“I resolved the lingering questions of my racial identity. For it turned out there was no single way to be Black; just trying to be a good man was enough.”
3. Both books are interesting and are vivid reports from individuals that are pretty self-critical. Barack is quick-witted at sharing facts and bringing an idea to light through various perspectives. Becoming preaches the fearless and relentless persona of Michelle in a rather somber manner. Perhaps it has something to do with the law practice. The Obamas do not shy away from acknowledging the scale of their achievements so far. Nonetheless, they are neither too proud to admit their faults, even in books that will gain readership worldwide.
“This may be the fundamental problem with caring a lot about what others think: It can put you on the established path—the my-isn’t-that-impressive path—and keep you there for a long time.”
4. The Obamas’ memoirs have a down-to-earth narrative that allows a ray of hope to shine through to the commoners. This openness gives the average American a feel of what it’s like to be the POTUS or FLOTUS. The two books are like a cheering song urging many folks to forge towards achieving the impossible.
“The truth is, I’ve never been a big believer in destiny. I worry that it encourages resignation in the down-and-out and complacency among the powerful.”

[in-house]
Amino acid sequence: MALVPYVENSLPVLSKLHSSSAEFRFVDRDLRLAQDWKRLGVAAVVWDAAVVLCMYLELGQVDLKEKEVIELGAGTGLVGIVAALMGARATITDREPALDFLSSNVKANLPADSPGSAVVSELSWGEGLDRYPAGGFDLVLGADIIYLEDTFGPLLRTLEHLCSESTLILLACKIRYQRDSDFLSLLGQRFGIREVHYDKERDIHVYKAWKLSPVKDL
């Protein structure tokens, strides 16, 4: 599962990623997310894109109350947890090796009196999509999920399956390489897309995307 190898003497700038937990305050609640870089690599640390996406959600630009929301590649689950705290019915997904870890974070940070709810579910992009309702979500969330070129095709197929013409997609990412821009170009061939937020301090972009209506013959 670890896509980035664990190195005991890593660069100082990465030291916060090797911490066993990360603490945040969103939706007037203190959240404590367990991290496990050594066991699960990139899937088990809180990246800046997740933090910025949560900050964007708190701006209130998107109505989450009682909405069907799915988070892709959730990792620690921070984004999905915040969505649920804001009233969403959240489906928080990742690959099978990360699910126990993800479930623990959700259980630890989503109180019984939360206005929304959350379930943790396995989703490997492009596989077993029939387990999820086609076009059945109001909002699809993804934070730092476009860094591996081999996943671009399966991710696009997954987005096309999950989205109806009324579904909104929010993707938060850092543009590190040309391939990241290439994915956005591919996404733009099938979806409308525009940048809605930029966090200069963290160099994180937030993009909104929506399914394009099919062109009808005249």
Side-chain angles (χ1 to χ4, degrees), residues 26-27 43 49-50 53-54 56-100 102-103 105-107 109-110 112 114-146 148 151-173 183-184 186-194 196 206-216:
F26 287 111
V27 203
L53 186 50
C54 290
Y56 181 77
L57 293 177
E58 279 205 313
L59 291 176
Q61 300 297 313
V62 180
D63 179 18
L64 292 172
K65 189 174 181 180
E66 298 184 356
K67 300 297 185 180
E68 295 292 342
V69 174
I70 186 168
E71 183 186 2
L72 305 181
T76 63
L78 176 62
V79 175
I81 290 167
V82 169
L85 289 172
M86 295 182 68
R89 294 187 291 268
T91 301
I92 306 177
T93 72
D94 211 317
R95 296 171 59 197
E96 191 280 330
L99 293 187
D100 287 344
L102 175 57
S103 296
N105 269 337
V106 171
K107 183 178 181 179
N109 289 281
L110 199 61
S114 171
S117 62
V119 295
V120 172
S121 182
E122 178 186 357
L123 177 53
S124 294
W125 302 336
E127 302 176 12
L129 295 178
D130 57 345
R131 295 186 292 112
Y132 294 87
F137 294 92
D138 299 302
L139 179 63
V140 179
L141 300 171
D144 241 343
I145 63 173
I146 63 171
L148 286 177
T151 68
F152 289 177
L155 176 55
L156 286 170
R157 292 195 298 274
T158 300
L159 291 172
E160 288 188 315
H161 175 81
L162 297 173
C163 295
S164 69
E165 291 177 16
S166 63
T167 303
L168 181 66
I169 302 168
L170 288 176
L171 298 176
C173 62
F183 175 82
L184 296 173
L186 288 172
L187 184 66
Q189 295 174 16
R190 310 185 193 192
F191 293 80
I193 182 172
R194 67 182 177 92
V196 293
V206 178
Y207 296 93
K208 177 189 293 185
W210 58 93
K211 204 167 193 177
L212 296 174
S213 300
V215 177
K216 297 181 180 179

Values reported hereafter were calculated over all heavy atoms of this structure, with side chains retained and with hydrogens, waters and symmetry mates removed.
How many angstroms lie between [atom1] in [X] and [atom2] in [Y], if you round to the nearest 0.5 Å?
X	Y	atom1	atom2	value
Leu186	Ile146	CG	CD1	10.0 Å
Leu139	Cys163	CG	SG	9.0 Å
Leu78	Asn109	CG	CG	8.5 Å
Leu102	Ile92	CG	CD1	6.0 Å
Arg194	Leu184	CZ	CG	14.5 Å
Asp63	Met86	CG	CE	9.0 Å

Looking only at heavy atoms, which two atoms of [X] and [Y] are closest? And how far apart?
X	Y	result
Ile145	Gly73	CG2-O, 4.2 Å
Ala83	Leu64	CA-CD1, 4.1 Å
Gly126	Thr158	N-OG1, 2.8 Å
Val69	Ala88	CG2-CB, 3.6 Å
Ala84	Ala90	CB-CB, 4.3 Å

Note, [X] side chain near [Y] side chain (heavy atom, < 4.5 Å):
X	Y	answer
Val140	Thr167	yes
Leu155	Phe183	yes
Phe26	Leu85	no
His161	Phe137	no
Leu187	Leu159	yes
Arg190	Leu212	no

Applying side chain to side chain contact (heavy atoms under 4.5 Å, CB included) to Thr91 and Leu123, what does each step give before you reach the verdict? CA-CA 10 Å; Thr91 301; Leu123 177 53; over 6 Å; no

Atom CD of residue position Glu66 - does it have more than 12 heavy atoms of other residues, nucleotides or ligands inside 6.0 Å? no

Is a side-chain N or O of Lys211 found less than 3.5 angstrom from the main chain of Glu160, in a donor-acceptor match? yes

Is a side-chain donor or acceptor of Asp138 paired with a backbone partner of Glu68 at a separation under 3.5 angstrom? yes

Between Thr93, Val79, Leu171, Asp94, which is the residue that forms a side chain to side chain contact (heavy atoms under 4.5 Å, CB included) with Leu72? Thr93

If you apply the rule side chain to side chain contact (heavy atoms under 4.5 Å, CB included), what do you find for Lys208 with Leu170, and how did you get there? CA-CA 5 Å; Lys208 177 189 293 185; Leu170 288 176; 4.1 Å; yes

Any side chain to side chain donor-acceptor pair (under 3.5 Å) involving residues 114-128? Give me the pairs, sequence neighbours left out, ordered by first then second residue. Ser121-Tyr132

5. “Becoming” and “A Promised Land” is by no means the only literary success of the Obamas. They both have other titles to their names before the memoirs. Barack is the author of two other New York Times bestselling titles: “Dreams from My Father” and “The Audacity of Hope.” Likewise, Michelle has two other well-rated titles before Becoming; they are: “American Grown” and “Michelle Obama in Her Own Words.”
“To be known. To be heard. To have one’s unique identity recognized and seen as worthy. It was a universal human desire, I thought, as true for nations and peoples as it was for individuals.”
America is a long way from the ideals that Barack Obama paints in “The Promised Land.” His occasional submissions during the Trump administration further emphasizes this. Nonetheless, the vivid realities of his and Michelle’s memoirs are undeniable. Thus making the books a notable feat in the history of US presidents, in scale and impact.
The Headway library offers petite reads of the lengthy Obama treatises, and several other enriching titles.